When you’re behind the wheel of a fuel-efficient hatchback for over 4000 miles and your musical tastes are expansive, but not that expansive, you’ve got only a few options as far as dealing with boredom go. There’s the classic “License Plate” game (46 of 50 states!). Tractor trailer pickle. But no matter what you come up with — no matter how finger-paintingly creative you are — you will eventually (begrudgingly) find yourself turning to the Podcasts menu on your USB-connected iPod. Then thumbing your way down to a little show called This American Life. You’ll listen to an episode. Maybe several. And only afterwards will you arrive at the central issue that’s been unconsciously nagging at you the entire time: you know this is good for you in some weird way…but does it have to be so DOUCHEY?
Let’s be clear upfront: This American Life is obviously an enjoyable radio program with redeeming social merit. For fifteen years National Public Radio has produced an insane amount of stories covering seemingly ever facet of the titular subject, and always with pretty high journalistic and artistic standards. It’s a GOOD show in the truest sense of the word, and what follows should in no way be taken as an “I hate This American Life” rant. I’m not a dedicated enough social scientist to sit through 10+ hours of RADIO programming I don’t at least sort of like.
…But This American Life is also douchetastic times maybe a hundred thousand (why always “times a million?” That’s unrealistic) and the reason my eyes are now stuck this way. Because I rolled them too many times listening to the program.
Each week host Ira Glass, aided by a militia of Art History and Political Science major correspondents, explores themes pertinent to life in these United States (© Reader’s Digest). 99% of the time this boils down to “you thought you knew all about this person/group/thing; turns out you don’t” but the show also tackles cool things like rest stops and unsolved mysteries. Sometimes there is even spoken-word poetry! If you have ever picked up a David Sedaris book or read the New Yorker (cartoons don’t count!), you are already halfway to being a TAL subscriber.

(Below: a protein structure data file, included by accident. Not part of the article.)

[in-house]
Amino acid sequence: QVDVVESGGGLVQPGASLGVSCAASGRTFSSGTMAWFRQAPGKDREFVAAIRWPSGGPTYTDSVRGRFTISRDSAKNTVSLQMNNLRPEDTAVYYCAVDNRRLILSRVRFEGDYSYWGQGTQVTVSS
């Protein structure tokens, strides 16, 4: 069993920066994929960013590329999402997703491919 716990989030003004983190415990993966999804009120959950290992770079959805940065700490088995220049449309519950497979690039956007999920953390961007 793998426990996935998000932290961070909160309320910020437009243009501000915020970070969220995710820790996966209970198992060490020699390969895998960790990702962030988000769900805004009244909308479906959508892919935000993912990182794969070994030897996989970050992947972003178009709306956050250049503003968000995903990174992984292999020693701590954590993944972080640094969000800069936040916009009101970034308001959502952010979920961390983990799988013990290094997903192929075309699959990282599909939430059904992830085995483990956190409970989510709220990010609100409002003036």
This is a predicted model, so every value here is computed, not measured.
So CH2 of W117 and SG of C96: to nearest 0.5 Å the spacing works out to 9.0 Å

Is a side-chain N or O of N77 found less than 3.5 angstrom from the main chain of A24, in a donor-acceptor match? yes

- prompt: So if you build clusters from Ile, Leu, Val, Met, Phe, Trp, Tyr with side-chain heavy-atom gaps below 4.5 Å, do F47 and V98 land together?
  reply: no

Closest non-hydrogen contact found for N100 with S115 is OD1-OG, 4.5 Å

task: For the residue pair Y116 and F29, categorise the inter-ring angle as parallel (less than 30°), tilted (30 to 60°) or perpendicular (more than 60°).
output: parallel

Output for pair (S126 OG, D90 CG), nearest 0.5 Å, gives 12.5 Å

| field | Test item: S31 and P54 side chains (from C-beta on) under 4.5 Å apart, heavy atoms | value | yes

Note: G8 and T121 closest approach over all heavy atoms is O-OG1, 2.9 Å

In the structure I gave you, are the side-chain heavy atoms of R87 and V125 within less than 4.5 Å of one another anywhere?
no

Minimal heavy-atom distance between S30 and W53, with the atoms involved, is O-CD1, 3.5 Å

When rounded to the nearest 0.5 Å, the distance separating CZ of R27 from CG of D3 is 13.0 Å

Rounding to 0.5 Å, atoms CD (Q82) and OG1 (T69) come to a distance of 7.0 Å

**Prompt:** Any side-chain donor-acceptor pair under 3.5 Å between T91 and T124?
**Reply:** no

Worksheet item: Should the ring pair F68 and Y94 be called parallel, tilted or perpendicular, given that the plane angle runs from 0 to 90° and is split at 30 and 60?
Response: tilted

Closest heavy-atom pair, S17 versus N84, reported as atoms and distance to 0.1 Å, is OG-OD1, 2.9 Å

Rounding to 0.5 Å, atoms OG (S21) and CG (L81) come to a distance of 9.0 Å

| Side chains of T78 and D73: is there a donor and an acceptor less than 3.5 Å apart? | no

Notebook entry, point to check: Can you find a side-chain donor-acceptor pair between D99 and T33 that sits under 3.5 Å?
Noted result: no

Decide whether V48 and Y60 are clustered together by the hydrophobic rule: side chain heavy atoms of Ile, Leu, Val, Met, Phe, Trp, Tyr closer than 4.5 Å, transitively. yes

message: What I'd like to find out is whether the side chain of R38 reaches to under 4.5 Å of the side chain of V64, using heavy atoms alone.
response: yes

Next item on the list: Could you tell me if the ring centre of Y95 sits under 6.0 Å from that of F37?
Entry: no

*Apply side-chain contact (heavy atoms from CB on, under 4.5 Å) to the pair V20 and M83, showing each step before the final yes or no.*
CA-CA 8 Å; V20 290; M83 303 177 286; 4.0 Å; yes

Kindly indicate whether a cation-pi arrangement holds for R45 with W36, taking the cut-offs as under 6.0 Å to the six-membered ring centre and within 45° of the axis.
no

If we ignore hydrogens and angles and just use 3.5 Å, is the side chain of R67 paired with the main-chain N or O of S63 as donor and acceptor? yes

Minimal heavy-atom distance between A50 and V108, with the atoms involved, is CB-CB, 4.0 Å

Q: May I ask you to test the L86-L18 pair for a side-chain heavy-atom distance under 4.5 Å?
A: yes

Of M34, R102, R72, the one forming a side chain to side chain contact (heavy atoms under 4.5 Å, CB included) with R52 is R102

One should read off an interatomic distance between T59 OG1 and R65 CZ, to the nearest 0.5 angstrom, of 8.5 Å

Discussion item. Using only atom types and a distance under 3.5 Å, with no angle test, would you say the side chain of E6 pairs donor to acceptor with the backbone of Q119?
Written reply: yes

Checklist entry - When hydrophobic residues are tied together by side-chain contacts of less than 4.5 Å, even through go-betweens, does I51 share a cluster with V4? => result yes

After listening to enough episodes, you learn to anticipate the story turns and reveals, sometimes before the segment has barely started. It’s the same familiar structure ever time: when you hear “so the family did what anyone faced with their situation would: they ran,” you know you’re in for a discussion of the actual harm in growing marijuana; when a story begins with raucous laughter, it will inevitably end in someone’s death. Searching for the perfect bahn mi sandwich. Questioning the merits of Oprah’s Book Club selections. Abortion. It should come as no surprise that the show has carved a special place for itself in the lives of four-eyed people and elbow patch enthusiasts, many of whom are white, liberal, and guilty-feeling.
There’s no harm in hewing to a very specific set of political and artistic codes, but when your show is called “This American Life”…you expect a certain ideological democracy, something TAL can’t really claim. There are stories about Red States and non-subtitled movies, sure, but forever through that “isn’t this weird?” lens. You feel less connected to America than you do above it, and in a mildly queasy way.
…All of which is to say — in too many words — that maybe This American Life is not meant for Great American road trips, but walks to the pet bakery in Chelsea. Or failing that, an oxygen bar. What’s baseball?